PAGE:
Anatomy of a Snowcat

Identifying the essential elements of a mountain grooming machine

By Devon O'Neil November 28, 2022 Published in the Winter/Spring 2023 issue of Vail-Beaver Creek Magazine

Vail Mountain uses both PistenBully and Prinoth snowcats to groom its slopes. The workhorse Prinoth Bison X, which I rode in with Stephen Becht, is made in Italy, costs more than a Ferrari F8 Spider (about $350,000), weighs 23,000 pounds, and has 410 horsepower. It completes most of its work at six to eight miles per hour. To break down its key components and why each is integral to the overall job, we enlisted Jesse Gibson, Prinoth’s regional manager in Grand Junction.


The all-electric joystick (an upgrade over the hydraulic systems of yore) controls everything on the blade and almost everything on the tiller. Gibson calls it “very operator intuitive. It could run virtually everything on the cat at the same time if you had enough fingers to push the buttons.”


With heated glass windows, climate control, a 13-inch futuristic touch-screen control panel, and heated seats with air-ride suspension, this is not your grandpa’s snowcat cockpit. The three-person compartment is reinforced so that it won’t crush under the cat’s weight in the event of a rollover, but that rarely happens thanks to its low center of gravity.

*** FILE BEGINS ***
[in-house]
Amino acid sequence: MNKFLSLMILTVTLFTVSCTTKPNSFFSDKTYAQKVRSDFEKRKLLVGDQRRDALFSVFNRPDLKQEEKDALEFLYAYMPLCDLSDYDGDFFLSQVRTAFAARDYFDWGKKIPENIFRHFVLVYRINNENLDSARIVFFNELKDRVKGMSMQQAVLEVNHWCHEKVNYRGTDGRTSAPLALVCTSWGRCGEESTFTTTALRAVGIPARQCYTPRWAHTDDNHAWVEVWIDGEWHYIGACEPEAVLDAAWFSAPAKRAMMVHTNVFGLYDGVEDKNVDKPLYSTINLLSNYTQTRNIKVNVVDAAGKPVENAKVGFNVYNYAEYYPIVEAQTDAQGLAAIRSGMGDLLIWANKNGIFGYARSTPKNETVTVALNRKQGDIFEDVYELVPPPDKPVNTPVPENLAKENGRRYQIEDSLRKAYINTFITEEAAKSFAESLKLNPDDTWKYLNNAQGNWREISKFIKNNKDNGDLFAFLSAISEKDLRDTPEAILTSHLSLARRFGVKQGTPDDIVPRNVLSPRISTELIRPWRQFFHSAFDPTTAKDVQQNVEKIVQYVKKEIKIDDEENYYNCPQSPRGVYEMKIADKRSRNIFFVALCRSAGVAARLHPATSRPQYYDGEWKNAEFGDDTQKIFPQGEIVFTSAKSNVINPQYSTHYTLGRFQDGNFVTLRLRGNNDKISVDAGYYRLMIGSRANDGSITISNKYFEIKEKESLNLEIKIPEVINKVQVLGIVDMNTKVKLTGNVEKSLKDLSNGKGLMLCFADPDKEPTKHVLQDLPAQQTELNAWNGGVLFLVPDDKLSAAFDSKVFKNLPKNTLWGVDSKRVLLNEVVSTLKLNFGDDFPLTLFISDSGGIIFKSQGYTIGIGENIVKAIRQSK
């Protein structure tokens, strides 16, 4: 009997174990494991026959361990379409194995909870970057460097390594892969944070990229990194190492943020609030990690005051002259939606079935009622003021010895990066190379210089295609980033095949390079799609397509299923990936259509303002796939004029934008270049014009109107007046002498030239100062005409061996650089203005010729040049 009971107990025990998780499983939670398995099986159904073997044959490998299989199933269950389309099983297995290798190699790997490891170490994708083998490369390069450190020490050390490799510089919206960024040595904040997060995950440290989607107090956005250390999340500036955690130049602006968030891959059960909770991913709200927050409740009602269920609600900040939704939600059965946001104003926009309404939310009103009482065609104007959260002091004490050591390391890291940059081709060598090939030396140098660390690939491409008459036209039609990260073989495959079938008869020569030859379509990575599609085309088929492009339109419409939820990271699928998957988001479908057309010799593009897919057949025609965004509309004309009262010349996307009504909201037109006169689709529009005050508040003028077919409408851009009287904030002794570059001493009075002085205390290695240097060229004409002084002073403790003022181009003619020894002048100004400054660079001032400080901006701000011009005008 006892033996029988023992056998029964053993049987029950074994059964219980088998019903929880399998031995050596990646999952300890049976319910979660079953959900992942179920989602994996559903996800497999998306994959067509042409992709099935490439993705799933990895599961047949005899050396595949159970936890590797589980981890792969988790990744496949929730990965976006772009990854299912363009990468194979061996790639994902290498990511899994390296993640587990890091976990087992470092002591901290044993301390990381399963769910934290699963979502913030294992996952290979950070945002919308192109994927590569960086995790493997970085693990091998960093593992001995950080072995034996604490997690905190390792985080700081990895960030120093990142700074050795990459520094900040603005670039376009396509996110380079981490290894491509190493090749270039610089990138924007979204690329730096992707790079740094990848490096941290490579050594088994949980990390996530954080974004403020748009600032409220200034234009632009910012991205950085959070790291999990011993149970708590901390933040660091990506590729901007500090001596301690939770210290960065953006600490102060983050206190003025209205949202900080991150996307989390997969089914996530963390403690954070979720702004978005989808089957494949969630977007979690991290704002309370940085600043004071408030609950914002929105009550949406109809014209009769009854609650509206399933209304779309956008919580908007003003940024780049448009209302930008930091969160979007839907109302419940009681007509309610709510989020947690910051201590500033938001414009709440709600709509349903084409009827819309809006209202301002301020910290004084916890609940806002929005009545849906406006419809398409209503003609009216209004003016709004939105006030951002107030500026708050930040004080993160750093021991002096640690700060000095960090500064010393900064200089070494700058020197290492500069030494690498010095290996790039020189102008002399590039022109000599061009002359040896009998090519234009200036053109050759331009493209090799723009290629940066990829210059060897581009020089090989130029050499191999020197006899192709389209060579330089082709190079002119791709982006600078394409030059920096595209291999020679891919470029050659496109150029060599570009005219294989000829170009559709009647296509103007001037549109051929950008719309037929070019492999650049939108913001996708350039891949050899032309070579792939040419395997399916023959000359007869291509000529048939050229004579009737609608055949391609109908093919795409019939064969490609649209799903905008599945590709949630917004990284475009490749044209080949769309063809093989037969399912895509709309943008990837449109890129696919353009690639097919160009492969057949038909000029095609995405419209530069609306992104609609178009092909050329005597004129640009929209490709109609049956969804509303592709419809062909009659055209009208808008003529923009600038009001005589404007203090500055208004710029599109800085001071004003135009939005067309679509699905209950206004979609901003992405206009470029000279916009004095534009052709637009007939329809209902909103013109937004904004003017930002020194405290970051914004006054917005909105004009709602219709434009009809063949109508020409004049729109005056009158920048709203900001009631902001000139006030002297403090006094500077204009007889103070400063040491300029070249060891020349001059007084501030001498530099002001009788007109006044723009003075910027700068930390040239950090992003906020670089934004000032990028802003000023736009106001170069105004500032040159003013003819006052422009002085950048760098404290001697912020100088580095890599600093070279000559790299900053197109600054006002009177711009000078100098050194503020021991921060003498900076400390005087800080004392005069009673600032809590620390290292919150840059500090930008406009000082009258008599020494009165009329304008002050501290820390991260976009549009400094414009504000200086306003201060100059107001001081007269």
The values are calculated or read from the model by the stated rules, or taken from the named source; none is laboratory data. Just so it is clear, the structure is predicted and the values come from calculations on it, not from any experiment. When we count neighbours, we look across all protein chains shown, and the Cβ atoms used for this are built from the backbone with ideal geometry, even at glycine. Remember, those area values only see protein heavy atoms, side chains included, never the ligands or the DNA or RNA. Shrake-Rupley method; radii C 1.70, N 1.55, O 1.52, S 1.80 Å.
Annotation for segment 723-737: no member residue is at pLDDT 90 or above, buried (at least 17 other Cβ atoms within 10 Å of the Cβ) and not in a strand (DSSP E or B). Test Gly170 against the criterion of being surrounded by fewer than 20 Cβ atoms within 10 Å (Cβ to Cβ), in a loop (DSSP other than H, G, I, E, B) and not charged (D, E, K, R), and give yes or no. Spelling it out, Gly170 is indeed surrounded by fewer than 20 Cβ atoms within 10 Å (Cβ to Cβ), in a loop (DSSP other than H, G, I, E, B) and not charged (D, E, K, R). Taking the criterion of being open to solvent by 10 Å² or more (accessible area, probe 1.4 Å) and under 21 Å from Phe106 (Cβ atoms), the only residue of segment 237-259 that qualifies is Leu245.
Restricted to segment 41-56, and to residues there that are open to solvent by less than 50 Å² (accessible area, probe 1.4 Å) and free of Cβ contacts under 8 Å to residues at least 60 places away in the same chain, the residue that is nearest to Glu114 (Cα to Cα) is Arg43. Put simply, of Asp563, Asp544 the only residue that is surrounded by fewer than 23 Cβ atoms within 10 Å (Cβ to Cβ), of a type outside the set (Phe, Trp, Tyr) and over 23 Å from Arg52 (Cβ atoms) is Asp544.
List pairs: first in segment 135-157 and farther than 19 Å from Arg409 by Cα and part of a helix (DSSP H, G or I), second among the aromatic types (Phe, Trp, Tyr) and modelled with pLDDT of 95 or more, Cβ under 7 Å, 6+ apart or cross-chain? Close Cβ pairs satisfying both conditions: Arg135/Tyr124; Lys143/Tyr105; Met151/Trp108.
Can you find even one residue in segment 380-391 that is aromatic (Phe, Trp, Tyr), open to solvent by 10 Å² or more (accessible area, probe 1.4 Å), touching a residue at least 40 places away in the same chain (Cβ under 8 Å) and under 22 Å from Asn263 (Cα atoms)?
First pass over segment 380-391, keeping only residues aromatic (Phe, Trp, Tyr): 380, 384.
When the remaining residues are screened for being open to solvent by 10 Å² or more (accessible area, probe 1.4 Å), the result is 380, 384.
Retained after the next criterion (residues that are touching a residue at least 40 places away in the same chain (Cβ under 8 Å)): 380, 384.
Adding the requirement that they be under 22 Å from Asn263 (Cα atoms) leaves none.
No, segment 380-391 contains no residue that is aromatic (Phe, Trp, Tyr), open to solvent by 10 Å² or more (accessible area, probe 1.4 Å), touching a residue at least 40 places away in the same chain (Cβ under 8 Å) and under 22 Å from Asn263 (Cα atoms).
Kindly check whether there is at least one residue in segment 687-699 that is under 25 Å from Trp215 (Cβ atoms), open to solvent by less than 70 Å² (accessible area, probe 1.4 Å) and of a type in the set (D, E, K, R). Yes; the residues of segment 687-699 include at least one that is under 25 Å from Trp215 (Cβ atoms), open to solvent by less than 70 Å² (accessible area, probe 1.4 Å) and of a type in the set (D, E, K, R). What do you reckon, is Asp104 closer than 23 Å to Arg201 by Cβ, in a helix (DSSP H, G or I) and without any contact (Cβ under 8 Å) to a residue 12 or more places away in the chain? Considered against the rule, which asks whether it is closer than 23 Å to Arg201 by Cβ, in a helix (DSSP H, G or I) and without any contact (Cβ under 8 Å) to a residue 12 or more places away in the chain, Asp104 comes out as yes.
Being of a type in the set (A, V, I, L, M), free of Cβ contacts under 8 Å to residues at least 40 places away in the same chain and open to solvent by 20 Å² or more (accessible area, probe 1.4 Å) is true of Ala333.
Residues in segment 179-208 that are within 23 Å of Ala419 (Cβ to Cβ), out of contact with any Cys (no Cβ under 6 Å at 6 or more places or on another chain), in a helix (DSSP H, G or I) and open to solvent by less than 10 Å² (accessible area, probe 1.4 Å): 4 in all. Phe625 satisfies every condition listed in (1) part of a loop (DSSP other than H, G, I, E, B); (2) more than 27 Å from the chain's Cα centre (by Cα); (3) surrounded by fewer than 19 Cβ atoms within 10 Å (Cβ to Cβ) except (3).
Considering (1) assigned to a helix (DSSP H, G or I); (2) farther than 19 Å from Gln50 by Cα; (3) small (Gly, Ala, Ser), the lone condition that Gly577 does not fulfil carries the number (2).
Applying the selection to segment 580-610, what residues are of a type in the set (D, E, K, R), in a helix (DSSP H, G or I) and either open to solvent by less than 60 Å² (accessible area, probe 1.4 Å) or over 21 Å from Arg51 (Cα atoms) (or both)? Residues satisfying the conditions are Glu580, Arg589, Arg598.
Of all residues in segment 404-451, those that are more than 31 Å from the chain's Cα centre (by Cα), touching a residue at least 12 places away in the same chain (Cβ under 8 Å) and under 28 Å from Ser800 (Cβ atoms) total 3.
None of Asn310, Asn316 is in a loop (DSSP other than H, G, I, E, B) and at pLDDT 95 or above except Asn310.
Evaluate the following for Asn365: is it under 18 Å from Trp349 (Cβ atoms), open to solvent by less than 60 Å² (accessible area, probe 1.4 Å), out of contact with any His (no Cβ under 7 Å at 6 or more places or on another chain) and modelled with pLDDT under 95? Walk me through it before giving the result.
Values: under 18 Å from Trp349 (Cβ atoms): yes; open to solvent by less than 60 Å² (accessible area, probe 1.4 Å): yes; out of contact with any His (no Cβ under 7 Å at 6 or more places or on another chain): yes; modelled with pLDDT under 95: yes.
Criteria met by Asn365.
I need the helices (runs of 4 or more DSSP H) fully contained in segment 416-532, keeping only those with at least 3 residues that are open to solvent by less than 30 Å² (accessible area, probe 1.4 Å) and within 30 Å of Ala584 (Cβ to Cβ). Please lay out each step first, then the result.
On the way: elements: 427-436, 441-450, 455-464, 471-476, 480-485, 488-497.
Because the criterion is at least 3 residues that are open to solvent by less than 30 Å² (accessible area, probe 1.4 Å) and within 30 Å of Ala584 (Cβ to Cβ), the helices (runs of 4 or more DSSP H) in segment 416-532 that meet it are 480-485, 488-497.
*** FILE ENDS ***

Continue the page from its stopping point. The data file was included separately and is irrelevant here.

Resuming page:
The tiller’s role is to leave the corduroy finish that guests like so much. It refines the rough surface left by the blade and tracks, tooling it with hundreds of grooves, like the teeth of a comb, which are less than an inch deep.


Up to 18 feet wide, the blade moves in 12 different directions. It loosens and levels the snow with a serrated bottom edge. The driver constantly adjusts the blade’s height and angle so it drags over the surface, creating a rolling wave of snow to fill in thin spots.


The snowcat’s tank-like treads are made up of 66-inch-wide steel bars that grip the snow and provide propulsion and braking. The tracks are about four inches deep, but still need a hard surface to grab. They help churn up the snow for the tiller too.


These are the two red coiled bars under the back of the cat. They chew up the snow once more before evenly distributing it across the tiller. The driver can adjust how fast the cutter bars are spinning to enhance the snow’s consistency.

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